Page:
"We have got to stay humble and hungry," said Filimoeatu. "With our defense playing how it is in the past two games, I think we can do anything right now."
When Utah State (2-0) plays Wisconsin at 7 p.m. Saturday, it will add another opportunity for the Aggies to register a real landmark victory. A year ago, Utah State led defending national champion Auburn deep into the game before letting the Tigers storm back in the fourth quarter. The Aggies also lost by three at BYU and by one to Ohio in the Famous Idaho Potato Bowl. In 2010, Utah State went toe-to-toe at No.7 Oklahoma before falling by seven.
"We lost last year in the bowl game and I think that just taught us what we have to do now," said senior receiver Matt Austin. "We have to take the next step and last year we didn't finish in the fourth quarters and stuff like that. I know a lot of people were probably in the stands hanging their heads a little bit and I liked how we proved everyone wrong."
Now the Aggies have a victory over rival Utah, are 2-0 for the first time since 1997, got their first vote in the AP poll since 1966 and are looking to win again at Camp Randall Stadium.
"It will be a hostile environment, I'm sure," said head coach Gary Anderson, as Utah State won 20-0 at Camp Randall in 1968. "I look for that to hopefully not phase a young team. A lot of these kids have been in situations like that, in big stadiums. A lot of them haven't, so how we react to that I think will be key and we are excited about the opportunity to line up and play."
When the Wisconsin nonconference schedule originally came out, fans simply viewed Utah State as a team coming to collect a $925,000 guaranteed paycheck in exchange for being a sacrificial lamb against the big Badgers running machine. Through two weeks of the season, Wisconsin – despite opening as 14-point favorites for this weekend's game – looks like the team struggling.
Wisconsin ranks 103rd in the country in rushing (101.5 yards per game) and 105th in total offense (297 per game), numbers that led to the firing of first-year offensive line coach Mike Markuson Sunday. Utah State ranks 31st (214.5 ypg) and 35th in total offense (474.5 ypg) in each of those categories, respectively, behind three members of its offensive line that have 69 combines starts between them.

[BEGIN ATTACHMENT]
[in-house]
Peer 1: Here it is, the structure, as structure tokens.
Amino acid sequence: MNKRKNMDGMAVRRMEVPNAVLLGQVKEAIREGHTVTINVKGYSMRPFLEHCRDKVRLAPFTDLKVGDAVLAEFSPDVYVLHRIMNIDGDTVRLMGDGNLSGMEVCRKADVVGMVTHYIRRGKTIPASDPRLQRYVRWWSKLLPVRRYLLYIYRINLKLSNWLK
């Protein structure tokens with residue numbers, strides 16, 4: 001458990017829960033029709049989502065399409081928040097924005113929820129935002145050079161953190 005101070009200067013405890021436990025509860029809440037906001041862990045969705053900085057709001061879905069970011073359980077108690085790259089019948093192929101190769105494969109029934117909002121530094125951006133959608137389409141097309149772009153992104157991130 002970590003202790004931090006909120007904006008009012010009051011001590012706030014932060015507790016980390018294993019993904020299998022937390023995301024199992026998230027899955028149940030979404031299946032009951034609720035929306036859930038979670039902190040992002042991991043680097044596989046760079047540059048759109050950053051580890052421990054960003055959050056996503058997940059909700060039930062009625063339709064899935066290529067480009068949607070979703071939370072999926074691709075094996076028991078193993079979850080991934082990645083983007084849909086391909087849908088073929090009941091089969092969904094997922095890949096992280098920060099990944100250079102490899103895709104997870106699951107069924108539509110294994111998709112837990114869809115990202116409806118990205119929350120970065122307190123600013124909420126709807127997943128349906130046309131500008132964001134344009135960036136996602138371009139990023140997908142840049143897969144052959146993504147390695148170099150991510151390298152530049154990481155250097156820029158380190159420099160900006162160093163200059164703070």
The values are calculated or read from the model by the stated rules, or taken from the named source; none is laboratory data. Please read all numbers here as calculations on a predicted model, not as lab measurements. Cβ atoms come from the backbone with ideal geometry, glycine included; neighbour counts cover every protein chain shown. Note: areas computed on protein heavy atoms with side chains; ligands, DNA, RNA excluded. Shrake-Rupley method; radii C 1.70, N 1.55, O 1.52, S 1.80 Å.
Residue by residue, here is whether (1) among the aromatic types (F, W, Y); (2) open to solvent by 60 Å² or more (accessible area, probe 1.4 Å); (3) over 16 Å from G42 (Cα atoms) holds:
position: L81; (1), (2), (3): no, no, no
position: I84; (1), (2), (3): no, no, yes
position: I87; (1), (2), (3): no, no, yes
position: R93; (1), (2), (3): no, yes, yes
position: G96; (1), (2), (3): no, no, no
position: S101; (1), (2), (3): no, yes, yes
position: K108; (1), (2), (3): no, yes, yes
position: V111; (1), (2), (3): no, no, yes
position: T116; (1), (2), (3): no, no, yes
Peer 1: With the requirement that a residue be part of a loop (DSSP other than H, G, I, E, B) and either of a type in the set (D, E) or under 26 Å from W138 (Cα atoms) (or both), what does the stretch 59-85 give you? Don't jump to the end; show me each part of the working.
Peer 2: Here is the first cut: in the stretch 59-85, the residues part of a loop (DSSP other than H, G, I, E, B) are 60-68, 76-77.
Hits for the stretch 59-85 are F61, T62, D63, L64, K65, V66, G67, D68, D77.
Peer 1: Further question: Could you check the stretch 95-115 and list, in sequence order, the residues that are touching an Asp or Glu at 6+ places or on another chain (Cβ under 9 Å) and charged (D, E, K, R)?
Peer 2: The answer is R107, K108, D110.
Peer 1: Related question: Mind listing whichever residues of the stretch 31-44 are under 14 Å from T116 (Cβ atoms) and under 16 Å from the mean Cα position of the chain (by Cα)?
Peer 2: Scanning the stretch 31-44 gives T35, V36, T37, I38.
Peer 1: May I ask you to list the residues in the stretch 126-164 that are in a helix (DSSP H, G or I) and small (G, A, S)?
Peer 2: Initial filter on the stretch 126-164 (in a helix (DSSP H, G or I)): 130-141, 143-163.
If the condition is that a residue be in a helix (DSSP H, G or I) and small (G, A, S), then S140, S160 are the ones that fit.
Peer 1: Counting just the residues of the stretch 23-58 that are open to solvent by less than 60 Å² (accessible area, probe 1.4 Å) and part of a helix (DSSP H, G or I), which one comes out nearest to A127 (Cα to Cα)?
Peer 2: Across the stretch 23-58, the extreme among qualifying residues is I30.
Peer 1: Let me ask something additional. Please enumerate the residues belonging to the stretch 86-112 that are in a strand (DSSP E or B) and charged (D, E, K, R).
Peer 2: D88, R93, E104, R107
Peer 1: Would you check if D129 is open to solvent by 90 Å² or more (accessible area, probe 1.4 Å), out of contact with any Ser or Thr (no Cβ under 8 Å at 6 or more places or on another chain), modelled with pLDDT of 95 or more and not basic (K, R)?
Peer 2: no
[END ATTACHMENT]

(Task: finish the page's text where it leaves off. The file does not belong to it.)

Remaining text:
The Aggies are stout against the run and like to mix coverages and blitzes, a reason they are 19th in the country in total defense (267.0 ypg) and 20th against the run (76.0 ypg).
"We're playing a great opponent," said Wisconsin offensive coordinator Matt Canada. "They played Auburn extremely tough last year and they are a very good football program. They had a great win last week over their rival. They are a very aggressive defense. A very skilled defense. It'll be a challenge for any offense."
The biggest challenges come from its quarterback Chuckie Keeton and punter Tyler Bennett, both of whom were named WAC players of the week following the Utah victory. Keeton led a potent Aggies attack by completing 68.8 percent of his passes for 216 yards and two touchdowns. He's also a weapon with his legs, as Keeton finished with 86 rushing yards, including a 23-yard scamper on third-and-9 that set up the winning overtime touchdown.
"We knew walking into that game that Chuckie was going to have to make some spectacular plays," said Anderson. "Whether it was with his arm or whether it was with his feet. "One of the biggest plays, if not the biggest play since I have been here and probably a long time in Aggie football, with the run there in the overtime period. He made some other plays with his feet. I thought the option game gave us an opportunity to move down the field a couple of times."
Bennett punted nine times, averaged 45.3 yards per punt, hit a long of 59 yards and put four inside the 20-yard line; a main reason the Utes average starting field position was their 28-yard line. Bennett combined with the team's defense makes the Aggies a potent unit.
On Tuesday, Wisconsin limited the talking heads for media interviews to five upperclassmen or captains – senior Montee Ball, senior Ricky Wagner, junior Jeff Duckworth, junior Danny O'Brien and junior Jacob Pedersen. The group put on a unified front; complimenting the team's hunger, its work ethic and the willingness to turn the page.
With a touch of orneriness, Utah State knows that the Badgers' loss will give the Aggies Wisconsin's best effort.
"(The Badgers) are champions," said Anderson. "They expect to win every game … They are expected to play at a high, high national level and that is what their program is and I am sure that is what their coaches and players expect. They stubbed their toe, but for them that was simply round two and they lost round two. At the end of 13 rounds or 12 rounds, however many rounds that you get to play throughout the year, round two won't mean a whole lot if you don't allow it to mean a lot."
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